But the centrality of this occasion also creates problems for me. Before attending my first Rottenberg Passover, I warned my new family that I would make the world’s most insufferable seder guest. I had just returned from a year-long journey for my book Walking the Bible in which I actually crossed the likely Red Sea, tasted manna, and climbed the leading candidate for Mount Sinai. This year, I am coming off a journey across the United States for my book America’s Prophet: Moses and the American Story looking at the role of Moses as an influence on everything from the U.S. seal to Superman.
In the liturgical list of the Four Sons, I will surely be the Pedantic One.
“No problem!” my mother-in-law, Debbie, said. “Would you say a few words?”
And just like that I will be a pedantic with a microphone.
But why hog all the fun! You, too, can be a seder know-it-all. Herewith are selected seder talking points to help you steer your Passover conversation away from the same tired jokes about matzah and constipation.
1. A quote from Moses appears on the Liberty Bell. Moses was an American icon long before there was an America. The Pilgrims described themselves as the chosen people fleeing their pharaoh, King James. When they set sail on The Mayflower in 1620, they carried Bibles emblazoned with Moses leading the Israelites to freedom. By the time of the Revolution, the Exodus was the go-to narrative of American identity. Thomas Paine, in Common Sense, called King George the “hardened, sullen tempered pharaoh.” And in 1751, the Pennsylvania Assembly chose a quote from Moses for its State-House bell, “Proclaim Liberty thro’ all the Land to all the Inhabitants Thereof – Levit. XXV 10.”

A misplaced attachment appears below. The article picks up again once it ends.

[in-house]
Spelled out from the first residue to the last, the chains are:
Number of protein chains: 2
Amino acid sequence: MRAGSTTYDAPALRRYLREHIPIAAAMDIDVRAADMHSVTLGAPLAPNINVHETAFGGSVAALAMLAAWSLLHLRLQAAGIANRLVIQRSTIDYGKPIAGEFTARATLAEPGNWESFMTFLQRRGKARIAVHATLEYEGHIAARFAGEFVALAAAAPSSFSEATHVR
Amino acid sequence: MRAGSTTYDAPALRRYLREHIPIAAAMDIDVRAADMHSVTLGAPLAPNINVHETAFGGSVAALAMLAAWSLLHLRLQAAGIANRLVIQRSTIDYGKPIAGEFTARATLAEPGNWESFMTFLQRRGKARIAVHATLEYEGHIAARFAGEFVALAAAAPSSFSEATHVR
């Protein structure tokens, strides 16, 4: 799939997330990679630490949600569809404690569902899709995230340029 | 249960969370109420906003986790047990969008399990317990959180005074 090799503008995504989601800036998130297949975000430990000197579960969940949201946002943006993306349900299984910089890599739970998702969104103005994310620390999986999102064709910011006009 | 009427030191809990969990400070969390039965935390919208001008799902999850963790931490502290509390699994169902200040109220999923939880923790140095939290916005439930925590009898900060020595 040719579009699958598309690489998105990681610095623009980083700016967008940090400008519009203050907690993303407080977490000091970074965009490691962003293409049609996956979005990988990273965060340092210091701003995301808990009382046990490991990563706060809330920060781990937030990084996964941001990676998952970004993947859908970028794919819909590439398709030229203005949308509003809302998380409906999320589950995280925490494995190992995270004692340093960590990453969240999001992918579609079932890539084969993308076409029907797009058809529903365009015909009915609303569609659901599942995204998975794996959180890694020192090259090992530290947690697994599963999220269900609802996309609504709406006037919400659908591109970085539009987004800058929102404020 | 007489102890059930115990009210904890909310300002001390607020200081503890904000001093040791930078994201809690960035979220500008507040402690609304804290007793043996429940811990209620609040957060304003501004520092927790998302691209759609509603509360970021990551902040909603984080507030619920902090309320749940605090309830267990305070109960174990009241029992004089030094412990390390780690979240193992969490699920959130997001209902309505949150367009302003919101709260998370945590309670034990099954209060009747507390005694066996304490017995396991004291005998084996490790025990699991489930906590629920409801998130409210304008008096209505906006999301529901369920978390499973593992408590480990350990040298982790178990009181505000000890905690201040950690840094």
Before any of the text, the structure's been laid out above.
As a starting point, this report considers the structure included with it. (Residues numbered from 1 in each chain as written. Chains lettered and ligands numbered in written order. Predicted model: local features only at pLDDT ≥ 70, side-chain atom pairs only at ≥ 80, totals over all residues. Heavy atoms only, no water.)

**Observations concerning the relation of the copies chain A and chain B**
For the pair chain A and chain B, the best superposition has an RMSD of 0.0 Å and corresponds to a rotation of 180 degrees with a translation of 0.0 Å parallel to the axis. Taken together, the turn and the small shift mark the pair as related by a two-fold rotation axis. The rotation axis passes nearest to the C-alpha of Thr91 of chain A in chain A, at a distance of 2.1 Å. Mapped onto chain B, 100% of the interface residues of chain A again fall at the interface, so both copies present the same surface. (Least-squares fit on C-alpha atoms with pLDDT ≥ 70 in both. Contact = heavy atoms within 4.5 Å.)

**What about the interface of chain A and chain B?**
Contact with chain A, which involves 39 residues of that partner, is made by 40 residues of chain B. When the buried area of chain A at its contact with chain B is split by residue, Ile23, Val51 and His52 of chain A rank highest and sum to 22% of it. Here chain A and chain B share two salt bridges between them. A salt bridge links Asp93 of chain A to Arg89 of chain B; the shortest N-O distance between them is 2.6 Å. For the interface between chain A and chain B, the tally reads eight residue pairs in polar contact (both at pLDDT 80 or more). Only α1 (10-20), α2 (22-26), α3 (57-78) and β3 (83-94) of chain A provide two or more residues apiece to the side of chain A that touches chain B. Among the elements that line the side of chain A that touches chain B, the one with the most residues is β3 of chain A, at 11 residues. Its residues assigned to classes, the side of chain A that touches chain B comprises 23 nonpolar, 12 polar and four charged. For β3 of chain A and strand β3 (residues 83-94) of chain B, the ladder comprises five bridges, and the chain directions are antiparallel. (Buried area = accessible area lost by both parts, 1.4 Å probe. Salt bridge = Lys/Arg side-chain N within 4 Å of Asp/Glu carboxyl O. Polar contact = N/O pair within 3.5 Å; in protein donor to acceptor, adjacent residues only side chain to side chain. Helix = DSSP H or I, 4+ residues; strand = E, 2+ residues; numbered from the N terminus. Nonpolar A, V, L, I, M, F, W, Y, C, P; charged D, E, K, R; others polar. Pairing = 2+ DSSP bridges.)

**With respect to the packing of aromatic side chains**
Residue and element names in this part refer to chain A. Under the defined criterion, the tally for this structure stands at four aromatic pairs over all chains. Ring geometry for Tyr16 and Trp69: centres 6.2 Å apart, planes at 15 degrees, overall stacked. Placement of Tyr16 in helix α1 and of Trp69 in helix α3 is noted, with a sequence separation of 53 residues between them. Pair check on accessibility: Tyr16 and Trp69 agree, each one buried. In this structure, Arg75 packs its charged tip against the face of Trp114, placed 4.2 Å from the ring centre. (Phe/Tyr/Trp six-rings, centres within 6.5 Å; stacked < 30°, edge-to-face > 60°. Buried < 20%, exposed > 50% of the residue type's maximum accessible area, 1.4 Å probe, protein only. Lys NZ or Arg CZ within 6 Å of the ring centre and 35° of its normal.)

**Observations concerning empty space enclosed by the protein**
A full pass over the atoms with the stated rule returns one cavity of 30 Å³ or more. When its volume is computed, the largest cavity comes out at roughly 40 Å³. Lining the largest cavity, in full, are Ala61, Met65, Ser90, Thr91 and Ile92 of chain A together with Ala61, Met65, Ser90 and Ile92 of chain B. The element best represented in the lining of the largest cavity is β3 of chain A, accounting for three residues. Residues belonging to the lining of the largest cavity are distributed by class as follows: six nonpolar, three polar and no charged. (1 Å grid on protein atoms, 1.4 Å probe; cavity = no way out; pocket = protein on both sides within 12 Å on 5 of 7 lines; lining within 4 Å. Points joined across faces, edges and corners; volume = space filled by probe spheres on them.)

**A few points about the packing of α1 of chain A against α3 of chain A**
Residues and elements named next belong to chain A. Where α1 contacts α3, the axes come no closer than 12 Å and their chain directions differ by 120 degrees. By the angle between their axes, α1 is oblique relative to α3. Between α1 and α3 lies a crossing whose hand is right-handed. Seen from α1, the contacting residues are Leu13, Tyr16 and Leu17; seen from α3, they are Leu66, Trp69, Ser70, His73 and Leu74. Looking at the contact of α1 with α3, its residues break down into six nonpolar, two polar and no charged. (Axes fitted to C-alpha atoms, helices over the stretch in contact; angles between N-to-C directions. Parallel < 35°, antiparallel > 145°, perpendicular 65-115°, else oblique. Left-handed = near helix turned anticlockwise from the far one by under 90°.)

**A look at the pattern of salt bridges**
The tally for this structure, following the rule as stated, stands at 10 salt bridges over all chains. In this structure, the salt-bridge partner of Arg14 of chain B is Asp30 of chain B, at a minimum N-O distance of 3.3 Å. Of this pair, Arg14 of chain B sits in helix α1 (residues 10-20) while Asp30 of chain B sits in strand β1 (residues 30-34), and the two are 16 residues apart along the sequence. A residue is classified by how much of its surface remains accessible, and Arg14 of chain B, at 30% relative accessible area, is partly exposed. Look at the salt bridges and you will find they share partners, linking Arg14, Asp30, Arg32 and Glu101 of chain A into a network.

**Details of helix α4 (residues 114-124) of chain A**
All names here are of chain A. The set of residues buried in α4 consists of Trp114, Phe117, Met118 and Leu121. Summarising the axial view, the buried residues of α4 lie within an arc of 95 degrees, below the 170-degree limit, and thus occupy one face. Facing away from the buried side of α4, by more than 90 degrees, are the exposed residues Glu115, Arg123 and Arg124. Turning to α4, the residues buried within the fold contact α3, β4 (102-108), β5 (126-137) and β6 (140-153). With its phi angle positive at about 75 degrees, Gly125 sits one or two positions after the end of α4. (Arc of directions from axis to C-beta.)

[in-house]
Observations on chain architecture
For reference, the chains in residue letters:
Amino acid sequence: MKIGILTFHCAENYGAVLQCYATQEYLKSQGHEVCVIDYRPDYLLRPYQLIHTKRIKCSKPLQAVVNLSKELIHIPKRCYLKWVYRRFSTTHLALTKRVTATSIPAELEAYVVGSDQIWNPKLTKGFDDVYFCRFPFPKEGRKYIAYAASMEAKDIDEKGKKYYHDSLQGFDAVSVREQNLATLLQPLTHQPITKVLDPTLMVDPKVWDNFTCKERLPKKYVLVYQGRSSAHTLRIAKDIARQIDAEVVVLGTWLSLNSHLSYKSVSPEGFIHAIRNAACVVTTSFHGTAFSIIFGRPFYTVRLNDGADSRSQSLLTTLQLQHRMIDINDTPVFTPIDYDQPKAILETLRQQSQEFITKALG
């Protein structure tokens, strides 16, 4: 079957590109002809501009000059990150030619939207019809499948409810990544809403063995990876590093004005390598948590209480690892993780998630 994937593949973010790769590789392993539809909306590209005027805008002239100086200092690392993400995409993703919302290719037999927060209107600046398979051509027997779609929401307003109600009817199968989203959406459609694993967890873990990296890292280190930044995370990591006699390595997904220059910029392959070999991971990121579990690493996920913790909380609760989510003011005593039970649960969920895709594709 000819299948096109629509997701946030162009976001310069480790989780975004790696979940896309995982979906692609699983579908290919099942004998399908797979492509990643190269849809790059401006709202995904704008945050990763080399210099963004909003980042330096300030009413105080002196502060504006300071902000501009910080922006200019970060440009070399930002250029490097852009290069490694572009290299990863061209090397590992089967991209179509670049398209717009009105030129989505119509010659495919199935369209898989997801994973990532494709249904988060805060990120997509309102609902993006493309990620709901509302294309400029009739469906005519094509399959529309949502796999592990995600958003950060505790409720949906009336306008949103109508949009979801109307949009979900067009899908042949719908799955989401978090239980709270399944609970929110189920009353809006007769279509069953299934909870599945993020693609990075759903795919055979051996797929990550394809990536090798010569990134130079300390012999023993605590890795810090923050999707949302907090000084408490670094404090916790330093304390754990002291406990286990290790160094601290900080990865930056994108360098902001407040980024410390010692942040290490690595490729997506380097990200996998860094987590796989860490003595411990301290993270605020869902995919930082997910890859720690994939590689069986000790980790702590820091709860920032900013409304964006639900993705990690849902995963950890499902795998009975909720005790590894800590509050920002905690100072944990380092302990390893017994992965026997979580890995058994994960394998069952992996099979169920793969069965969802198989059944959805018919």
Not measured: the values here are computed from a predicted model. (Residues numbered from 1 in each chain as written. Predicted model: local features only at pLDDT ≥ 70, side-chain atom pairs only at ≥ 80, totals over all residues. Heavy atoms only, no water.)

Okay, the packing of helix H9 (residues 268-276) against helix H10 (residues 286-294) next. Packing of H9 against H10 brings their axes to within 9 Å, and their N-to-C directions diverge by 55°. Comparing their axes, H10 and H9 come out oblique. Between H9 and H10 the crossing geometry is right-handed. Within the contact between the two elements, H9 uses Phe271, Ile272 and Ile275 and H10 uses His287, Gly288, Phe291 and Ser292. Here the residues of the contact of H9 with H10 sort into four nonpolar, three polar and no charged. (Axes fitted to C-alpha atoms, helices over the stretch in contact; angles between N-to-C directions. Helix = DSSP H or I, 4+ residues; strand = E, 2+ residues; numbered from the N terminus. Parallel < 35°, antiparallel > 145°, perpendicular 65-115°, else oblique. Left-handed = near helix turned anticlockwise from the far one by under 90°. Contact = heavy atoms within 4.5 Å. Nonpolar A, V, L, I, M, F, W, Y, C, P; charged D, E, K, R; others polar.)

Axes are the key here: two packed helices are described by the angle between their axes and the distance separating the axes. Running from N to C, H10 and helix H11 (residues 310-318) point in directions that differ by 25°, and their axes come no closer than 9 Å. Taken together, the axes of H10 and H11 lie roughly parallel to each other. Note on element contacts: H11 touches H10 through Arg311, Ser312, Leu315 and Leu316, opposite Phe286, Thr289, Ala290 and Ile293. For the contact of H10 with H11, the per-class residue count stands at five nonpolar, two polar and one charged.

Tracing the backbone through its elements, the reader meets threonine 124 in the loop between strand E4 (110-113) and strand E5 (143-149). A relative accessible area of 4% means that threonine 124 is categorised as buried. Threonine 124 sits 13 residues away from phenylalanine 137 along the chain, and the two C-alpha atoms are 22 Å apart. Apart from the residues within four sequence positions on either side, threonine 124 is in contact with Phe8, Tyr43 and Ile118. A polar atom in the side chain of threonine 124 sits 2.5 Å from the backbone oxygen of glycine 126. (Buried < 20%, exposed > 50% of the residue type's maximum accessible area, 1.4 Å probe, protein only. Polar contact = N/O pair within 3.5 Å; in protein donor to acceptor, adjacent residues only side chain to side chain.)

2. The Founding Fathers proposed that Moses appear on the U.S. seal. The future Liberty Bell was hanging above the room where the Continental Congress passed the Declaration of Independence on July 4, 1776. As its last last order of business that day, the Congress formed a committee of Thomas Jefferson, Benjamin Franklin, and John Adams to design a seal for the new United States. The committee submitted its recommendation that August: Moses, leading the Israelites across the Red Sea. Three of the five drafter of the Declaration of Independence proposed that Moses be the face of the new United States. To them, he was our real Founding Father.
3. Moses was the national hero for slaves. If the biblical prophet was a unifying presence during the Revolution, a generation later he got dragged into the issue that most divided the country. For slaves, Moses was more than a just figure in the Bible. He became a leader of their people. The story of the Israelites escape from slavery became the single greatest motif of slave spirituals, including “Turn Back Pharaoh’s Army,” “I Am Bound for the Promised Land,” and the most famous spiritual,”Go Down, Moses,” which was called the National Anthem of slaves. Harriet Tubman freed so many people on the Underground Railroad she was called “The Moses of Her People.”
4. The Statue of Liberty was modeled on Moses. When Abraham Lincoln died in 1865, two-thirds of the eulogies compared him to Moses, because he had freed the slaves and, like Moses, been stopped short of the Promised Land of victory. Lincoln’s death also initiated one of the more everlasting connections to Moses in American history. Americaphiles France wanted to pay tribute to the martyred president and the American journey of freedom by building a statue of liberty. Sculptor Frederic Bartholdi chose the Roman goddess of liberty as his model, but he imported two icons from Moses to bring her to life. First, the rays of sun around her head and second, the tablet in her arms, both of which come from the moment Moses descends Mount Sinai with the Ten Commandments.
5. Superman was a modern-day Moses. With the rise of secularism in the 20th century, Moses might have melted away as a role model. But Moses superseded Scripture and entered the realm of popular culture, from novels to television. In 1938, two bookish Jews from Cleveland named Jerry Siegel and Joe Shuster, drew their character’s backstory from the superhero of the Torah. Just as baby Moses is floated down the Nile in a basket to escape annihilation, baby Superman is launched into space in a rocket ship to avoid extinction. Both Moses and Superman were picked up aliens and raised in strange environments before being summoned to aid humanity. Superman’s original name was Kal-el, which is Hebrew for “swift god.”